Although we no longer have those Jewish-Gentile tensions, there are other ways in which the church is sometimes divided by race. Churches here in America are still divided along racial lines with “mostly white” churches, like ours is, frankly and churches for African-Americans, for Latinos/Latinas, for Romanians, for Chinese Christians, and so on. Language differences create some of these distinctions, but all of them are contrary to how God views true believers. In Christ there are no “white Christians” or “black Christians” or any other human category of Christians. To Jesus there are only believers and unbelievers and all believers are accepted fully into God’s family through Him.

We cannot solve the divisions of churches in America on our own, but we can and should fully accept, welcome, and integrate anyone into our church family who has faith in Christ, is baptized in his name, and is seeking to do what the Lord commands. We should strive for this kind of unity, then, because it is pleasing to God.

Acts 9

And now, read Acts 9.

We met Saul yesterday and saw how he persecuted the church and, in God’s providence, was used to get the gospel out of Jerusalem and into the rest of Judea and also into Samaria, just as the Lord had commanded in Acts 1:8. Now, in the most unlikely way (humanly, that is), God saved Saul (vv. 1-8) and called him “my chosen instrument to proclaim my name to the Gentiles and their kings and to the people of Israel” (v. 15b). The man whose persecution stimulated the spread of the gospel to Judea and Samaria would now directly lead the effort to take the gospel “to the ends of the earth” (Acts 1:8). The focus of Acts in the chapters ahead will begin to move off Peter and the other Apostles and on to Saul (Paul) the Apostle to the Gentiles.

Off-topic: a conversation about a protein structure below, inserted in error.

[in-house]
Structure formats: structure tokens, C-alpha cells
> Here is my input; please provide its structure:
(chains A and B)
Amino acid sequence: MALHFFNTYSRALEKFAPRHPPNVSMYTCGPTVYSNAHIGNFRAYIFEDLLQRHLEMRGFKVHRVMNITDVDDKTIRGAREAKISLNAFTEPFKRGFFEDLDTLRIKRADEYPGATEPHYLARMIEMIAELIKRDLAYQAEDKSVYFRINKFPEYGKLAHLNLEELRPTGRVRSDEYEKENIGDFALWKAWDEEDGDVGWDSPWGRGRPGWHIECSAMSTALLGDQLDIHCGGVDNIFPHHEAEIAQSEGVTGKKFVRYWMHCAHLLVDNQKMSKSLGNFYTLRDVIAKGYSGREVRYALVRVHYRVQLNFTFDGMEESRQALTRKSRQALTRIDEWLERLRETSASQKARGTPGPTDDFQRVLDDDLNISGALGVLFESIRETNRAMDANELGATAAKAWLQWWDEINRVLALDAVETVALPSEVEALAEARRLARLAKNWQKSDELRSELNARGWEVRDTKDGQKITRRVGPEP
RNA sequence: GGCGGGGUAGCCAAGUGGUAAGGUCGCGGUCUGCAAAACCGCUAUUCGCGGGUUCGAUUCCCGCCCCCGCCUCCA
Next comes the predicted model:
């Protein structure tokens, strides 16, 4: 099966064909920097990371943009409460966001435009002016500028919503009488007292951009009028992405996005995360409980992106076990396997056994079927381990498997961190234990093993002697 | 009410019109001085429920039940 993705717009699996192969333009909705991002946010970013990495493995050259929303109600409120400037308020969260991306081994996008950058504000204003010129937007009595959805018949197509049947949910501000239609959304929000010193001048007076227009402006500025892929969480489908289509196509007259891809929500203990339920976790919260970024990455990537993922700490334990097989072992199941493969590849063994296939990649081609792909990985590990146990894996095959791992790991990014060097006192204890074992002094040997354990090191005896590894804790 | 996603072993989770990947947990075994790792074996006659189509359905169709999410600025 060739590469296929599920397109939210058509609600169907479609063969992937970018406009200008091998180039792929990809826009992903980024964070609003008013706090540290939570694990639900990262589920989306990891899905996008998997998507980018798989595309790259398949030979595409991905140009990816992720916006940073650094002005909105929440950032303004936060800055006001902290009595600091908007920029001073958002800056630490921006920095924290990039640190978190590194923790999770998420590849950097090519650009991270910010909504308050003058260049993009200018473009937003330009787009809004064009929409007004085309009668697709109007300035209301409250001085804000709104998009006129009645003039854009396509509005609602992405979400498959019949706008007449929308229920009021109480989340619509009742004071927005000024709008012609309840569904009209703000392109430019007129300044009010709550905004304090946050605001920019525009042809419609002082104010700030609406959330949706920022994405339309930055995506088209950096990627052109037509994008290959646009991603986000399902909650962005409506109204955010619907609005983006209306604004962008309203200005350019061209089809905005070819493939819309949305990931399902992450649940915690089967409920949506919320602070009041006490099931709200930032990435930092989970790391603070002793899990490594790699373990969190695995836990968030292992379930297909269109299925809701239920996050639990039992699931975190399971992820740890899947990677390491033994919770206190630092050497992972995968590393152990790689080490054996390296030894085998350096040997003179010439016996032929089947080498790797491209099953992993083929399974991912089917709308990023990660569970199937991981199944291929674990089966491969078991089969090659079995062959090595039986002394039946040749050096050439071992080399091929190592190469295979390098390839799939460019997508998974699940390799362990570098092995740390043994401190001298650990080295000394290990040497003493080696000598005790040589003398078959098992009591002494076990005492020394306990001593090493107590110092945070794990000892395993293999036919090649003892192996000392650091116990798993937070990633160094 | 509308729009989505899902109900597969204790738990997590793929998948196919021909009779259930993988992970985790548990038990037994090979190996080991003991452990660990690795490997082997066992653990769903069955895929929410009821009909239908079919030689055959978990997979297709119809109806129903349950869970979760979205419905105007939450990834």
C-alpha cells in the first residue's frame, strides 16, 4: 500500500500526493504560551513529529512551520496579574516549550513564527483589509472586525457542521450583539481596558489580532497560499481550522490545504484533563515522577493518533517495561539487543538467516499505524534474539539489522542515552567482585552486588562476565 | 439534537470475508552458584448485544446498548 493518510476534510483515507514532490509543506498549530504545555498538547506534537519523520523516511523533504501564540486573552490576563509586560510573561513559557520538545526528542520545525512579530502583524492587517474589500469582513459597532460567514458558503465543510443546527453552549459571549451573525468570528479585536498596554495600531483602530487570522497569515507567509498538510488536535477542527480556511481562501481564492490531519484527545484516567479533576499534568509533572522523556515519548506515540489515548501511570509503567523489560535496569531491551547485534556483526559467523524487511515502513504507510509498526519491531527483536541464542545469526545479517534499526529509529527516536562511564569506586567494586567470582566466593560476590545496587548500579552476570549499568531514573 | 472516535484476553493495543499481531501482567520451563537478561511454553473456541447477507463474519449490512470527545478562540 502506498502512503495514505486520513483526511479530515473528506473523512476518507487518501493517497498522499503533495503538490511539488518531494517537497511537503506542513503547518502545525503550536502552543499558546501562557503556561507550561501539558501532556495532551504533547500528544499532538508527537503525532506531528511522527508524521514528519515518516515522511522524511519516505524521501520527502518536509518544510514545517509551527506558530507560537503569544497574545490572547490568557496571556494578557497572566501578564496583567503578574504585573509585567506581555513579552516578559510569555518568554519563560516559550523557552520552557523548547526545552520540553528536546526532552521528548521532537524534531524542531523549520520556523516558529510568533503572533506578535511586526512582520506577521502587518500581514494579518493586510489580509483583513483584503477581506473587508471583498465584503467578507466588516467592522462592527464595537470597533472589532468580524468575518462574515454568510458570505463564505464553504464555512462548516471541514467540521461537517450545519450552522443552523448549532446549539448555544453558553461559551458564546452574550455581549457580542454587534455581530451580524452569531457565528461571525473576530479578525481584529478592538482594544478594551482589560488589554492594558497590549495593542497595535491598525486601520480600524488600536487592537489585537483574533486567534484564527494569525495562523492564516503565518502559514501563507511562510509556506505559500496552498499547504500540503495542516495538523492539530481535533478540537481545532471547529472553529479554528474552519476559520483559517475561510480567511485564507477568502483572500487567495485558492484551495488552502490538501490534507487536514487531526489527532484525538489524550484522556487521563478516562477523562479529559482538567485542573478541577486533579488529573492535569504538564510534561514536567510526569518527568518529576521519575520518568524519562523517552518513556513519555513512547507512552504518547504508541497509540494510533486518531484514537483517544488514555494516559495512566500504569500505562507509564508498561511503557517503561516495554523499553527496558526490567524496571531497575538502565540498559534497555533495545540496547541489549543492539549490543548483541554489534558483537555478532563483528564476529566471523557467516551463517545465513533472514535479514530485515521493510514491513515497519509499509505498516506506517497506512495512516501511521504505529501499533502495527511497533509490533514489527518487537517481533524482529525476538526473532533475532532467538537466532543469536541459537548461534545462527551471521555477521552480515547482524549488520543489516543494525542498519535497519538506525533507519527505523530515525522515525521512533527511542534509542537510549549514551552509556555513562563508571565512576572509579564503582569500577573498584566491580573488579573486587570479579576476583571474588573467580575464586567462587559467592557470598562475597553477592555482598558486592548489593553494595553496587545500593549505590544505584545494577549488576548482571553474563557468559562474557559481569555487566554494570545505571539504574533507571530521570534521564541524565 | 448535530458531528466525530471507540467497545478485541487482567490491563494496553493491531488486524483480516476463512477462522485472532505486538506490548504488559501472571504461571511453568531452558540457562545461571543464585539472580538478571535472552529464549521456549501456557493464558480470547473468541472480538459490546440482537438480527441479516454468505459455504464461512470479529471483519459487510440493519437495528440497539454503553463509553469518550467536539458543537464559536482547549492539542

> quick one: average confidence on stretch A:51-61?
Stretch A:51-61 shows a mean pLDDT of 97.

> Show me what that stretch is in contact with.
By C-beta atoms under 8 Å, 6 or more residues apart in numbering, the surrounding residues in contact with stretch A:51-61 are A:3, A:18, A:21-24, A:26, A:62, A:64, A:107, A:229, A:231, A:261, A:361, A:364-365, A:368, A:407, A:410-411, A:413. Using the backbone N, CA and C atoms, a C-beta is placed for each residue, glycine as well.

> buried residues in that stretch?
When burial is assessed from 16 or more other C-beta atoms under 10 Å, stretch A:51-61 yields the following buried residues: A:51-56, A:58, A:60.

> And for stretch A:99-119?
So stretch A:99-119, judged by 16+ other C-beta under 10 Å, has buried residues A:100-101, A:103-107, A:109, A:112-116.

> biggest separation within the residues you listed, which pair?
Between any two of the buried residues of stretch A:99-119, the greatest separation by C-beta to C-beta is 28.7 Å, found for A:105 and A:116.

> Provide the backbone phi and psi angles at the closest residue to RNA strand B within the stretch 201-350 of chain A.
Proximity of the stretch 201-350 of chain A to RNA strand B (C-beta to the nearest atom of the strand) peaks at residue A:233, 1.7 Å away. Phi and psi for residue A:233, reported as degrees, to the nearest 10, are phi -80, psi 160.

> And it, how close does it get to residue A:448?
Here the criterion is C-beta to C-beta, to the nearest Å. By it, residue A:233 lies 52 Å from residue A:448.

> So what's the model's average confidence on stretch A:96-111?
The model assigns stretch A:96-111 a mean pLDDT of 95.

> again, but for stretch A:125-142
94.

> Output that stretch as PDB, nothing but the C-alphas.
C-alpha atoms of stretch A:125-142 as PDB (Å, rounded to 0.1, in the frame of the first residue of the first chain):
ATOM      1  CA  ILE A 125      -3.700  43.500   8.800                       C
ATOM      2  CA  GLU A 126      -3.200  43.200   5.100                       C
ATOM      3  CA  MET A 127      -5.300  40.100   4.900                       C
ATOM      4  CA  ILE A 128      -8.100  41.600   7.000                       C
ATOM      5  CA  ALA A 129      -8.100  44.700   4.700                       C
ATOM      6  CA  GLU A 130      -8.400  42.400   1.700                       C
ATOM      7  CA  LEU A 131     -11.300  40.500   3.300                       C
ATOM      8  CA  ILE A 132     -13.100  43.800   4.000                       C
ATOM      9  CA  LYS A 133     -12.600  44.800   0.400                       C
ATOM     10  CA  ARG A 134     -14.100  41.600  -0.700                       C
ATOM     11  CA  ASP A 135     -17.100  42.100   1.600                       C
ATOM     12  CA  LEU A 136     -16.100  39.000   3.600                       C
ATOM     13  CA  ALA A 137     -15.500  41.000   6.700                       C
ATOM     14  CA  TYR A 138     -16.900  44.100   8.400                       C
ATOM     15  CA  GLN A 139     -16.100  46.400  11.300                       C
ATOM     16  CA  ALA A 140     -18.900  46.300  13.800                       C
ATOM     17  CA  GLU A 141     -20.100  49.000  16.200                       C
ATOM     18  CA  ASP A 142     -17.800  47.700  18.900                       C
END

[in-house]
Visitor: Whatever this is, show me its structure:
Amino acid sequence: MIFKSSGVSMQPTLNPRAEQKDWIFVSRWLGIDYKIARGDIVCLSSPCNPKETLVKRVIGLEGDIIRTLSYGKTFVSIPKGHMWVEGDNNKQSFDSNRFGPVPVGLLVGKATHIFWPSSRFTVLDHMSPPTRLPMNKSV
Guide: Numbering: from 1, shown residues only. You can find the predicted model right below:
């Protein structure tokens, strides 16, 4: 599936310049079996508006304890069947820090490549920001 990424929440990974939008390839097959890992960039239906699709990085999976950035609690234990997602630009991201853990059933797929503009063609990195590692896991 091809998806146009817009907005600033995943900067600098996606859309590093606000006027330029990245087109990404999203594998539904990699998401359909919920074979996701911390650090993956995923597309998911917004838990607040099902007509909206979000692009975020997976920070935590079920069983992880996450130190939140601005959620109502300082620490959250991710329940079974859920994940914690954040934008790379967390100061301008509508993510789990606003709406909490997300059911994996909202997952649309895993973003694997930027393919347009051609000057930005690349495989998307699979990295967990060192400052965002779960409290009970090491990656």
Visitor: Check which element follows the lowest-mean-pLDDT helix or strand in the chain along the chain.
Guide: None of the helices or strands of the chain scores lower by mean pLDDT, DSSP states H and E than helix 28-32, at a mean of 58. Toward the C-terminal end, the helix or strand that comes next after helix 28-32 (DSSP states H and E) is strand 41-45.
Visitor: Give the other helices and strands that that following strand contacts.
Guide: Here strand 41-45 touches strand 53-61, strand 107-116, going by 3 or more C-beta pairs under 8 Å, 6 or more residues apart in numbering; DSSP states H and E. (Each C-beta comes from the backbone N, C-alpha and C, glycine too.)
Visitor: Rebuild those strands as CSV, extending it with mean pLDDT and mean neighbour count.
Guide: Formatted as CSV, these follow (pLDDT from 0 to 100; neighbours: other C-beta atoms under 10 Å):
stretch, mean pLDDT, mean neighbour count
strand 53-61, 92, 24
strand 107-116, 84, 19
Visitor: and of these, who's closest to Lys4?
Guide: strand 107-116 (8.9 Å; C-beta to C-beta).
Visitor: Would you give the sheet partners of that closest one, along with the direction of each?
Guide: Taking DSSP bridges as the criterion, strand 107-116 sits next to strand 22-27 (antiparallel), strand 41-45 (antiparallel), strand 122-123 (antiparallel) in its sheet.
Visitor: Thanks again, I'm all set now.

As we read about Saul’s conversion here in Acts 9, we saw the clash of human values and God’s values in how Saul was treated. People value safety and were understandably wary of someone who killed other Christians but suddenly now claimed to be a Christian himself. We see the skepticism and fear in Ananias (vv. 13-14) and in the Jerusalem church where “they were all afraid of him, not believing that he really was a disciple” (v. 26b). How was this skepticism resolved?

First, Ananias believed God by faith when God told him to go to Saul and pray for him (vv. 11-17a). He even called him “Brother Saul,” acknowledging his claim to faith in Christ. Second, Barnabas became Paul’s ambassador when he “took him and brought him to the apostles” (v. 27). Both of these men had to trust that God’s power had actually changed Saul. Because they did trust the life-changing power of the gospel, they were willing to “credit” Saul--trust him as a brother--before there was a long trail of evidence of Saul’s faith.